Not Rising, But Rejuvenating: The
Image Credit: Flickr (Mal B)

Not Rising, But Rejuvenating: The "Chinese Dream"

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Since taking over as the new leader of the Chinese Communist Party (CCP) in November, Xi Jinping has created a heated discussion in China and abroad over his use of the phrase, “Chinese Dream.” In his various public speeches, he has repeatedly emphasized that achieving the Chinese Dream of a “great rejuvenation of the Chinese nation” was his government’s main objective. While this has been applauded enthusiastically at home, people outside of China have struggled to ascertain the precise meaning of Xi’s statement. This is unfortunate because the Chinese Dream is essential for understanding how a “rising” China views itself and its role in the world. Failure to understand its meaning will thus heighten the chances for misunderstanding, with potentially devastating consequences for all parties involved.

Although outsiders almost always speak of China’s “rise,” the Chinese like to refer to their impressive recent achievements and future planned development as “rejuvenation” (fuxing). The use of that word underscores an important point: the Chinese view their fortunes as a return to greatness and not a rise from nothing. In fact, rejuvenation is deeply rooted in Chinese history and the national experience, especially with regards to the so-called “century of national humiliation” that began with the First Opium War (1839–1842) and lasted through the end of the Sino-Japanese War in 1945. China’s memory of this period as a time when it was attacked, bullied, and torn asunder by imperialists serves as the foundation for its modern identity and purpose.

As Norwegian scholar Johan Galtung has noted, key historical events are critical in defining a group’s identity and determining how that group behaves in conflict situations. Galtung argues that the three forces of chosenness (the idea of being a people chosen by transcendental forces), trauma, and myths combine to form a country’s Chosenness–Myths–Trauma (CMT) complex. This CMT complex is an extremely useful tool for understanding the rationale behind many of China’s actions.

Specifically, as proud citizens of the “Middle Kingdom” the Chinese feel a strong sense of chosenness and are extremely proud of their ancient and modern achievements. This pride is tempered, however, by the lasting trauma seared into the national conscious as a result of the country’s humiliating experiences at the hands of Western and Japanese imperialism. After suffering a humiliating decline in national strength and status, the Chinese people are unwavering in their commitment to return China to its natural state of glory, thereby achieving the Chinese Dream. However, China has never clearly stated what the criteria and measurements are to determine the realization of rejuvenation.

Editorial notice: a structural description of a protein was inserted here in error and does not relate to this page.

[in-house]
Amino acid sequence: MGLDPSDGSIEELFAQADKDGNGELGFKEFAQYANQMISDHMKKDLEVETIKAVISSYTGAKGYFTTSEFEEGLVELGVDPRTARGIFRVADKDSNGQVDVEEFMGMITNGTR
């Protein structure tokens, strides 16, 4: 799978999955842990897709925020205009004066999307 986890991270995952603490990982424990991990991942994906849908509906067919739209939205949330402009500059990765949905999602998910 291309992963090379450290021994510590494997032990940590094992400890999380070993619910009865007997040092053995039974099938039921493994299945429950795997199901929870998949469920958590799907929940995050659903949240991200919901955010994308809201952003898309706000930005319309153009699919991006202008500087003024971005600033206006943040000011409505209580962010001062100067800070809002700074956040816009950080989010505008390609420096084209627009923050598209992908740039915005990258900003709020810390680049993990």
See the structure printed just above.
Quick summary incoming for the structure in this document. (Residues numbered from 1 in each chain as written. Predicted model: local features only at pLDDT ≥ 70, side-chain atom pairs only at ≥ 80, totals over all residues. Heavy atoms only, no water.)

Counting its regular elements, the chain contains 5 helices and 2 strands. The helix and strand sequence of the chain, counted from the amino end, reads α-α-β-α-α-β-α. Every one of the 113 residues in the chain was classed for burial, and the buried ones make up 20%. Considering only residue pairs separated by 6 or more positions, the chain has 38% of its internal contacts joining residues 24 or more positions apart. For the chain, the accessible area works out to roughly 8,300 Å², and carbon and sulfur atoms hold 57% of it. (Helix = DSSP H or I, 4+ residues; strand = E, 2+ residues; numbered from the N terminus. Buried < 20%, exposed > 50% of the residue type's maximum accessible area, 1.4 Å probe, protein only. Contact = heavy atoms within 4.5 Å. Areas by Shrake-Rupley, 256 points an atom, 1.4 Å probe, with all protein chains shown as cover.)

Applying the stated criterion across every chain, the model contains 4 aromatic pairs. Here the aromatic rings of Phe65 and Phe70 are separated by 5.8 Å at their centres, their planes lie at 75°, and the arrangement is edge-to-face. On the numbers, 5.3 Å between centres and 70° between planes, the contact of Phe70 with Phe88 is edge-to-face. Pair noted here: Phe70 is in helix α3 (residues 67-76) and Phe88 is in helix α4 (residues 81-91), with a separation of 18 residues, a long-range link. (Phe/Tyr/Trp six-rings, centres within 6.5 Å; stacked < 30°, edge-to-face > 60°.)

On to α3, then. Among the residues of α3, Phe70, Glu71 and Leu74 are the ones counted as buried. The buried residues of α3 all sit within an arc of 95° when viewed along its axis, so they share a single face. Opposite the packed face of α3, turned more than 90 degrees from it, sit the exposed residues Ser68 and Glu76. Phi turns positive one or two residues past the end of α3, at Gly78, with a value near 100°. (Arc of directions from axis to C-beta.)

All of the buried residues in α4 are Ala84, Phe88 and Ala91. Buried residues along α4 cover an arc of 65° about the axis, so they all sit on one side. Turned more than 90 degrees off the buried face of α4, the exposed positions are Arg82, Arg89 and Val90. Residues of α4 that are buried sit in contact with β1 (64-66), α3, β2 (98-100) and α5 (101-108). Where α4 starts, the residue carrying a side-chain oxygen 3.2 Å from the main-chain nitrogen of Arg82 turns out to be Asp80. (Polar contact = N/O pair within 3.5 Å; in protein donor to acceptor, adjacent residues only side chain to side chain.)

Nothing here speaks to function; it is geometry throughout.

Comments
190
David Lloyd-Jones
May 17, 2013 at 21:40

K Ballard writes "Understanding China and its ambitions could be as simple as translating the characters for it's name more correctly. 中国 could mean middle kingdom…"

 Right.  And the sun never set on the British Empire for reasons obvious to anyone who remembers that the other name for the UK is "Great" Britain.

This is wonderful — but can Ballard explain to us how America had a civil war, when the ral name for the country is the "United" States?

 Pity that. He had a really great theory gong for a while…

 

-dlj.

[...] At first pass, this article seems to be yet another editorial swipe at Japan. It ignores the growing number of calls by Indian nationalists for the government to take a more aggressive stance on the issue while  lambasting Japanese society as an inherently aggressive one poised to take Chinese territory. There is nothing new in this approach; China often tries to portray itself as a victim of Japan’s nationalism  within the Diaoyu/Senkaku dispute. And the PRC makes no secret of its view that Japan is a declining power. All of this fits within the official narrative of a peaceful China attempting to defend its territorial integrity from a region increasingly wary of its return to greatness. [...]

[...] Since taking over as party chairman Xi Jinping has repeatedly invoked the theme of the “Chinese Dream,” which heralds “the great revival of the Chinese nation.” [...]

[...] Since taking over as party chairman Xi Jinping has repeatedly invoked the theme of the “Chinese Dream,” which heralds “the great revival of the Chinese nation.” [...]

[...] Since taking over as party chairman Xi Jinping has repeatedly invoked the theme of the “Chinese Dream,” which heralds “the great revival of the Chinese nation.” [...]

[...] Since taking over as party chairman Xi Jinping has repeatedly invoked the theme of the “Chinese Dream,” which heralds “the great revival of the Chinese nation.” [...]

Bill Rich
March 4, 2013 at 07:12

What does facts and truth have anything to do with Chinese understanding of history ? It is political expedience that matters.

Bill Rich
March 4, 2013 at 07:07

You can talk for days about the last 160 years of why China needs rejuvenation. But to understand the Chinese “dream”, you have to rewind Chinese history way back when China was the top dog. Especially when China dominated the then known-to-China war by beating, killing, evacuating every nationalities around China, during Qing, Tang, Han and earlier dynasties. Count the number of tribes eliminated, literally.

chandler
March 29, 2014 at 05:25

just like how the settlers from europe came to america and wiped out the indigenous native indians + slavery trade of africans right? Classic definition of the pot calling the kettle black. What human group on earth which has achieved a level of power, hasn’t caused harm to one group or another?

chandler
March 29, 2014 at 05:26

count the number of indian tribes eliminated, literally.

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